Groups approve of Tenn. SC's new ethics rules

Jessica M. Karmasek Jan. 9, 2012, 4:46pm

WASHINGTON (Legal Newsline) - Two nonpartisan groups are coming out in support of the Tennessee Supreme Court for adopting new ethics rules for its judges.

The Court announced Jan. 4 that it adopted a "comprehensive revision" to its Code of Judicial Conduct, which sets forth the ethics rules for state judges.

The new code, Tennessee Supreme Court Rule 10, outlines recusal procedures, among other things. It will take effect July 1.

"The Tennessee Supreme Court should be applauded for taking this important step forward," Bert Brandenburg, executive director of the nonpartisan Justice at Stake Campaign, said in a statement Monday.

"Tennessee's new, forward-looking rules will help ensure public faith in the court system, and provide a model for the rest of the nation to follow."

The most notable changes to the code are a new procedure for pursuing the recusal of a judge and a new process for seeking an expedited appeal if a motion for recusal is denied.

Under the new code, judges will be required to provide, in writing, grounds for denying any motion for recusal.

Also, should a judge deny a motion for recusal, an accelerated appeal may be filed with the appropriate appellate court within 15 days of the judge's ruling. The appellate court will then make a decision on an expedited basis.

In those cases where a recusal is granted, Rule 10 also outlines the process for designating a new judge in the case.

In addition, the new code eliminates the ability for judges to make contributions to political campaigns or political organizations. However, it allows judges to purchase tickets to attend campaign events.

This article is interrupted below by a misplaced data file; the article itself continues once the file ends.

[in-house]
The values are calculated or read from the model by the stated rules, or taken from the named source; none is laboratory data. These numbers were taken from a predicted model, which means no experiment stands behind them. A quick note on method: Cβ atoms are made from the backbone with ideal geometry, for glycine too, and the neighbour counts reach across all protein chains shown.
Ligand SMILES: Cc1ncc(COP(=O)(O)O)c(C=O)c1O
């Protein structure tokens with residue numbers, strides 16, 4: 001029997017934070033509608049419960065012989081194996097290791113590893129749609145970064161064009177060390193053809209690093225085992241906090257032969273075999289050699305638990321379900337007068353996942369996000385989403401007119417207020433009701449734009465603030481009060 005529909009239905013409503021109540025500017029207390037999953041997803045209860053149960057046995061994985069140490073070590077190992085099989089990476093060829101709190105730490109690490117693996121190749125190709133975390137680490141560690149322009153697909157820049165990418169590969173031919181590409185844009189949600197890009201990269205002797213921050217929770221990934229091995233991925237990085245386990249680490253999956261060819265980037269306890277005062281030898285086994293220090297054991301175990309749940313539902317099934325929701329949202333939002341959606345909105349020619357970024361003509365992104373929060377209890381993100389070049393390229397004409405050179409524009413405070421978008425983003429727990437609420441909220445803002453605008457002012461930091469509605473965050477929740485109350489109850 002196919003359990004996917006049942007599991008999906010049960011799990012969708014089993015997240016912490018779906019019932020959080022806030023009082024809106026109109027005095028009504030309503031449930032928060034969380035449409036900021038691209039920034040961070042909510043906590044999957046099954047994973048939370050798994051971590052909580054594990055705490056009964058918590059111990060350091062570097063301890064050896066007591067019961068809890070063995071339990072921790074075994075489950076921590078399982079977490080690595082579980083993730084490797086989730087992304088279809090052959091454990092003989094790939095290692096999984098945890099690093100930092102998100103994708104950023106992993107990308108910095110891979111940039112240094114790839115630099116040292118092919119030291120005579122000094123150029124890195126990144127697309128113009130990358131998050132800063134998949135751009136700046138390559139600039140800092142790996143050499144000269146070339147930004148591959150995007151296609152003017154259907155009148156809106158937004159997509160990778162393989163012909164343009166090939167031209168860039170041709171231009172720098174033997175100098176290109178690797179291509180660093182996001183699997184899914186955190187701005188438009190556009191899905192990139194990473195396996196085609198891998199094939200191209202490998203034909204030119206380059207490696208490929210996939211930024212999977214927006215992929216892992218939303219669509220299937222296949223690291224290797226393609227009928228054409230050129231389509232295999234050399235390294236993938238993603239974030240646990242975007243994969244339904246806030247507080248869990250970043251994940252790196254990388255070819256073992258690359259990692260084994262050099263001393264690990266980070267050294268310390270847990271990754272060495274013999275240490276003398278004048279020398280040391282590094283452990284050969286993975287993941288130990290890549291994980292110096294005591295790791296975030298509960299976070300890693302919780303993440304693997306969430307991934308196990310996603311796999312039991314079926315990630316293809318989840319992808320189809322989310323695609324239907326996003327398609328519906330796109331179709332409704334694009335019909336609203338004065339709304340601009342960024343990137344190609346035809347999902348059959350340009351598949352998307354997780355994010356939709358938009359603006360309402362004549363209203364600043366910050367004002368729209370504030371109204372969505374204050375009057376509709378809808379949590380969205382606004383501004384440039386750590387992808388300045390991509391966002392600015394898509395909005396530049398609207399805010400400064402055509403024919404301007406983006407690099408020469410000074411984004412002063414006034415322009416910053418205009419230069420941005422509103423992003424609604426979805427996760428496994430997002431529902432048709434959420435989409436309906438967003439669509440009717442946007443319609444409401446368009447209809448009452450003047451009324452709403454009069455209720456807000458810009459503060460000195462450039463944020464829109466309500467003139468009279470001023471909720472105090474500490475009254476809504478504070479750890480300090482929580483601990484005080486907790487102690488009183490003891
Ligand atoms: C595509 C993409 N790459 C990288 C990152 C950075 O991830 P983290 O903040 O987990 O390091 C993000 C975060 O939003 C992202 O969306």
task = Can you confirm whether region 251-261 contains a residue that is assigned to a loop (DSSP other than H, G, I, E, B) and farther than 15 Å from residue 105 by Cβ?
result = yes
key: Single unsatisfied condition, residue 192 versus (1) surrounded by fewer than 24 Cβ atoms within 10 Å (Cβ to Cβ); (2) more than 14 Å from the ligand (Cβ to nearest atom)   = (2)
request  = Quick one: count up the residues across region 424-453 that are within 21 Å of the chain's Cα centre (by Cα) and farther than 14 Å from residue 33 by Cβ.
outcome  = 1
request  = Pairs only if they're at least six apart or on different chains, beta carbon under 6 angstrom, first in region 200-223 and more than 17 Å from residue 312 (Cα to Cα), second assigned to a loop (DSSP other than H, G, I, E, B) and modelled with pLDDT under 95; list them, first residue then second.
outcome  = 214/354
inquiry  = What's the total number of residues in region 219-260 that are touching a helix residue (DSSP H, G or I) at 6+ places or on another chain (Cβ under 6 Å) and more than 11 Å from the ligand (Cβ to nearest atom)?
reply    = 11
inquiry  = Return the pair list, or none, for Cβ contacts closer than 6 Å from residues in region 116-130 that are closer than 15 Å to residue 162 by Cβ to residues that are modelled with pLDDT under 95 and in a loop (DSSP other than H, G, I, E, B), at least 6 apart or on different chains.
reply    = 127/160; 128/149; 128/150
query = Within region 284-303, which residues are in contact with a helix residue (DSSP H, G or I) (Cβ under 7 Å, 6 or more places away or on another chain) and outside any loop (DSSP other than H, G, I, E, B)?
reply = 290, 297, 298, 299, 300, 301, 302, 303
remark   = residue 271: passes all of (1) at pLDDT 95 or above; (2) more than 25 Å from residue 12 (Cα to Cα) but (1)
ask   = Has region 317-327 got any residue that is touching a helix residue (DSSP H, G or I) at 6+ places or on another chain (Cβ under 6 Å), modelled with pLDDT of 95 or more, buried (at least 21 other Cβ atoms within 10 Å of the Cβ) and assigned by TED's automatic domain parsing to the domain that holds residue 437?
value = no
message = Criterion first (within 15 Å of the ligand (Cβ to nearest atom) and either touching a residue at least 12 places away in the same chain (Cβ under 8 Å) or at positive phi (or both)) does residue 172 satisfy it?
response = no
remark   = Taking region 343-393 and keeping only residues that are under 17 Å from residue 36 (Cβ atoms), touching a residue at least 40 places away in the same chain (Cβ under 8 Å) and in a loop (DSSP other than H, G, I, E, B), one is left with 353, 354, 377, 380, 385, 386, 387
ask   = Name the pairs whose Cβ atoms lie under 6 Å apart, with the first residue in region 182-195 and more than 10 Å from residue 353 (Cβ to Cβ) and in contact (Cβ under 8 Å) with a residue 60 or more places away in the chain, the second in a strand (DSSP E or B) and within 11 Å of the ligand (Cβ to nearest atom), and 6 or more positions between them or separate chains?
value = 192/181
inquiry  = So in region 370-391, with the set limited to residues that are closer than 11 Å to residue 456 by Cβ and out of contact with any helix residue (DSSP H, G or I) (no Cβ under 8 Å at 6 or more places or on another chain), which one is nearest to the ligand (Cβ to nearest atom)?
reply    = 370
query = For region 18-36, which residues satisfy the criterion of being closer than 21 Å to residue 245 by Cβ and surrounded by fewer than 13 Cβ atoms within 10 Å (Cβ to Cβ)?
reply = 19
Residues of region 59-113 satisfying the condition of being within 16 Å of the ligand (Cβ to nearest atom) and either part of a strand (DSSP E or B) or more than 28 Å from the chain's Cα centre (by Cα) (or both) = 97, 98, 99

"As spending on high court elections continues to skyrocket, judges and litigants need a clear way to address recusal questions related to campaign contributions," Maria da Silva, research associate at the Brennan Center for Justice, said in a statement.

"Tennessee's new disqualification rules are a step in the right direction that will help shore up public confidence in the judiciary."

As part of the new code, the state's high court also adopted a provision regarding the disability and impairment of a judge or attorney.

The provision instructs judges to take "appropriate action," such as referral to a lawyer or judicial assistance program, should a judge have reasonable belief that another judge or attorney is impaired by drugs, alcohol or another physical, mental or emotional condition.

The revisions were adopted as a result of a petition filed by the Tennessee Bar Association to make changes to the current ethics rules. The TBA's proposed rule changes were developed by a 13-member task force of attorneys and judges.

The Court filed the TBA's proposed rules for public comment in March. The Court then held oral arguments in December.

Justice at Stake and the Brennan Center filed joint comments in support of the proposed changes.

Adam Skaggs, senior counsel for the Brennan Center, also presented oral arguments before the Court.

Justice at Stake describes itself as a nonpartisan, nonprofit campaign working to keep America's courts fair and impartial.

The Brennan Center for Justice at New York University School of Law is a nonpartisan public policy and law institute that focuses on fundamental issues of democracy and justice.

From Legal Newsline: Reach Jessica Karmasek by email at

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